Infoscience

Journal article

Effect of supraspinatus deficiency on humerus translation and glenohumeral contact force during abduction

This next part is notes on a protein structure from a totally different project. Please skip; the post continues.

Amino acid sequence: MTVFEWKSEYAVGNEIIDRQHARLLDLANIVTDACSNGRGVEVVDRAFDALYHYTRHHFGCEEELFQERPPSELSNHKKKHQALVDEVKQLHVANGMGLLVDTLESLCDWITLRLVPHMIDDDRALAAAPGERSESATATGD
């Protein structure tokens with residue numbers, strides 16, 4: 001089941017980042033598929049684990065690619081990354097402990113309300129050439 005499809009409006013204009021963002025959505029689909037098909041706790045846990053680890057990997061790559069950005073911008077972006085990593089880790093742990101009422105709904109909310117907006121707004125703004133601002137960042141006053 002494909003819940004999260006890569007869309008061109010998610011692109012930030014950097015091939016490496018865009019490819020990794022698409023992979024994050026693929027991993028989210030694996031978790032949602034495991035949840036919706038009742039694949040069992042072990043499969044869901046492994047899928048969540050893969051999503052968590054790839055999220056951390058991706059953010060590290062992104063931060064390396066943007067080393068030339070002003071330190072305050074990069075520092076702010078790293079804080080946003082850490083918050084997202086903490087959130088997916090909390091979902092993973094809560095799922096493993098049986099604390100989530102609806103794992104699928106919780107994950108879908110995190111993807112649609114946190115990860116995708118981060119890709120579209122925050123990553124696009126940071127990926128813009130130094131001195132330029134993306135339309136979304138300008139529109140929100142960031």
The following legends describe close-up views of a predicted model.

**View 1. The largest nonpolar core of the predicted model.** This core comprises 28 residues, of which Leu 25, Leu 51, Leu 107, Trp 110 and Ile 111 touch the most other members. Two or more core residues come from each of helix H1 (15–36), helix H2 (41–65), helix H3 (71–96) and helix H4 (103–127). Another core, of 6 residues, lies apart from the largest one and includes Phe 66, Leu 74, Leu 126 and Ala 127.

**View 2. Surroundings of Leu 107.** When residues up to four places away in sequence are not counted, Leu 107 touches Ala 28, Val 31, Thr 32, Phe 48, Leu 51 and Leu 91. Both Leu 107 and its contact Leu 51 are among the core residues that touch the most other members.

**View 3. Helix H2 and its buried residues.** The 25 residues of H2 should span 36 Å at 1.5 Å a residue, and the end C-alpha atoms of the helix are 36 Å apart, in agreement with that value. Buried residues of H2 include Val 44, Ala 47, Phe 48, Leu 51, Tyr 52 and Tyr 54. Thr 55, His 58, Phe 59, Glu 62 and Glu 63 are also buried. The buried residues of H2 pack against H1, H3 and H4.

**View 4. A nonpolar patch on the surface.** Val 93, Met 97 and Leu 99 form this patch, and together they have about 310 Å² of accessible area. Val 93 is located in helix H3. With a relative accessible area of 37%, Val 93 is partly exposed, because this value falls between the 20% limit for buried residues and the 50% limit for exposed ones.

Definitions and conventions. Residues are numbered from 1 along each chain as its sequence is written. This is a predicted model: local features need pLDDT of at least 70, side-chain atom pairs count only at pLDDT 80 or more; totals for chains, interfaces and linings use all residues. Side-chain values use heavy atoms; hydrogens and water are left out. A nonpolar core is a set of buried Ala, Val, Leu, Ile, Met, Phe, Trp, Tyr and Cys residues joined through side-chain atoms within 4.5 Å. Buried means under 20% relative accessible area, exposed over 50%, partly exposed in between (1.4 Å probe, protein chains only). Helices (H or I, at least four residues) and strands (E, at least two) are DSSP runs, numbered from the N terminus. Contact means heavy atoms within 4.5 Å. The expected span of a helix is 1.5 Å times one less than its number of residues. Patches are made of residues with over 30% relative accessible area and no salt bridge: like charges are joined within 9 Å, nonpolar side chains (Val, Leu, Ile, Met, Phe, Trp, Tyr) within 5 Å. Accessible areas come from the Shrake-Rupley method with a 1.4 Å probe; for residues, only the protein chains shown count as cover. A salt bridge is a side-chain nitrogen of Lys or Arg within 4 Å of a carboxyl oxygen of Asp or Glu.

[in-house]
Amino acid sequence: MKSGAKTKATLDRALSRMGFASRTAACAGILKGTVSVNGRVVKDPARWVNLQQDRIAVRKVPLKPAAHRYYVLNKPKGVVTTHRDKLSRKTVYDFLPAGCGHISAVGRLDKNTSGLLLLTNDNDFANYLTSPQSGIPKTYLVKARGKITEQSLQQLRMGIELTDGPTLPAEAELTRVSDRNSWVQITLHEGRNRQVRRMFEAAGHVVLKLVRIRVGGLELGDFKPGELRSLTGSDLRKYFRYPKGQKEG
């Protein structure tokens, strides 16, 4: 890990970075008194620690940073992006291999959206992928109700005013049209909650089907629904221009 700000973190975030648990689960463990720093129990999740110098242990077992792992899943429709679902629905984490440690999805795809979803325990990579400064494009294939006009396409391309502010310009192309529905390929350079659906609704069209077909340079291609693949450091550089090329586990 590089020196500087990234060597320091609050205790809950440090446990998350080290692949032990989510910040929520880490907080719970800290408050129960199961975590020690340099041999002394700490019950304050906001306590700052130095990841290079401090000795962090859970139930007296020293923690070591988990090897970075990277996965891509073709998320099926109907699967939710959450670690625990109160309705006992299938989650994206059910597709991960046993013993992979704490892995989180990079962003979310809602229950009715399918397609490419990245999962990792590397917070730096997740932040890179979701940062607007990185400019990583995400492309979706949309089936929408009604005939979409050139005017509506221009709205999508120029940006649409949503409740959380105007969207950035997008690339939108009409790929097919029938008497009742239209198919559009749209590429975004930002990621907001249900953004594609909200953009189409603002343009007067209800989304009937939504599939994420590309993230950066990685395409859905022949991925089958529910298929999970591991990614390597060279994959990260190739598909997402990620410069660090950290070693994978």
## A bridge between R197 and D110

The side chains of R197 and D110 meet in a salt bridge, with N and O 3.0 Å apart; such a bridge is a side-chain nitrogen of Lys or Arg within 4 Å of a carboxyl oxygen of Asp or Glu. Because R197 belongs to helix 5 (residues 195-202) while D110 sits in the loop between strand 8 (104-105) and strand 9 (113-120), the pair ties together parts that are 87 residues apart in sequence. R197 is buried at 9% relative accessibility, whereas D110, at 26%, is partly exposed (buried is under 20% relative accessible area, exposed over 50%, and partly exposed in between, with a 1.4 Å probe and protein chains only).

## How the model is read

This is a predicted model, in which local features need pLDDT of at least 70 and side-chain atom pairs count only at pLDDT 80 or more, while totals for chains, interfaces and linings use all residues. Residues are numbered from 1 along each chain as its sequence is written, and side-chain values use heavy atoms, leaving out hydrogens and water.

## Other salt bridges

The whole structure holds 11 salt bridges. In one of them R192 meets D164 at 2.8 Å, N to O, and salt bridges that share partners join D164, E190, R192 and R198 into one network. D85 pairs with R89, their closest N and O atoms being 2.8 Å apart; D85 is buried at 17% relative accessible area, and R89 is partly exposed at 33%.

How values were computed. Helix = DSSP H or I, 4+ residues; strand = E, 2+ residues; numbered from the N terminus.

BACKGROUND: Supraspinatus deficiency is the most frequent and important problem associated to rotator cuff pathologies. It reduces shoulder stability and can lead to osteoarthritis. The goal of this study was to develop a numerical model of the shoulder to analyse the biomechanical consequences of this pathology. METHODS: A 3D finite element model of the shoulder was developed from a normal cadaver specimen. It included the scapula, the humerus and the major abduction muscles. Instead of the usual ball-socket assumption, which prevents the natural translation of the humerus, shoulder stability was actively achieved by muscles. A feedback algorithm was developed to synchronise muscle forces during abduction. The numerical algorithm was validated against an algebraic model, and the calculated muscle moment arms were compared to the literature. Two cases were considered: a normal shoulder and the same one without supraspinatus. FINDINGS: For the normal shoulder, the model predicted the initial upward migration of the humeral head. The maximal humerus translation occurred at 30 degrees of abduction and was 0.75mm above its ideal centered position. Without supraspinatus, it was 1.6 times higher and the contact point in the glenoid fossa was more eccentric. For the normal shoulder, the maximal glenohumeral force was 81% of the body weight, at 82 degrees of abduction. Without supraspinatus, it increased by 8%, while the increase of muscle forces was 30%. INTERPRETATION: Supraspinatus deficiency increased the upward migration of the humerus, the eccentric loading, and the joint and muscle forces, which may cause a limitation of active abduction and degenerative glenohumeral changes (osteoarthritis and the rotator cuff tear).

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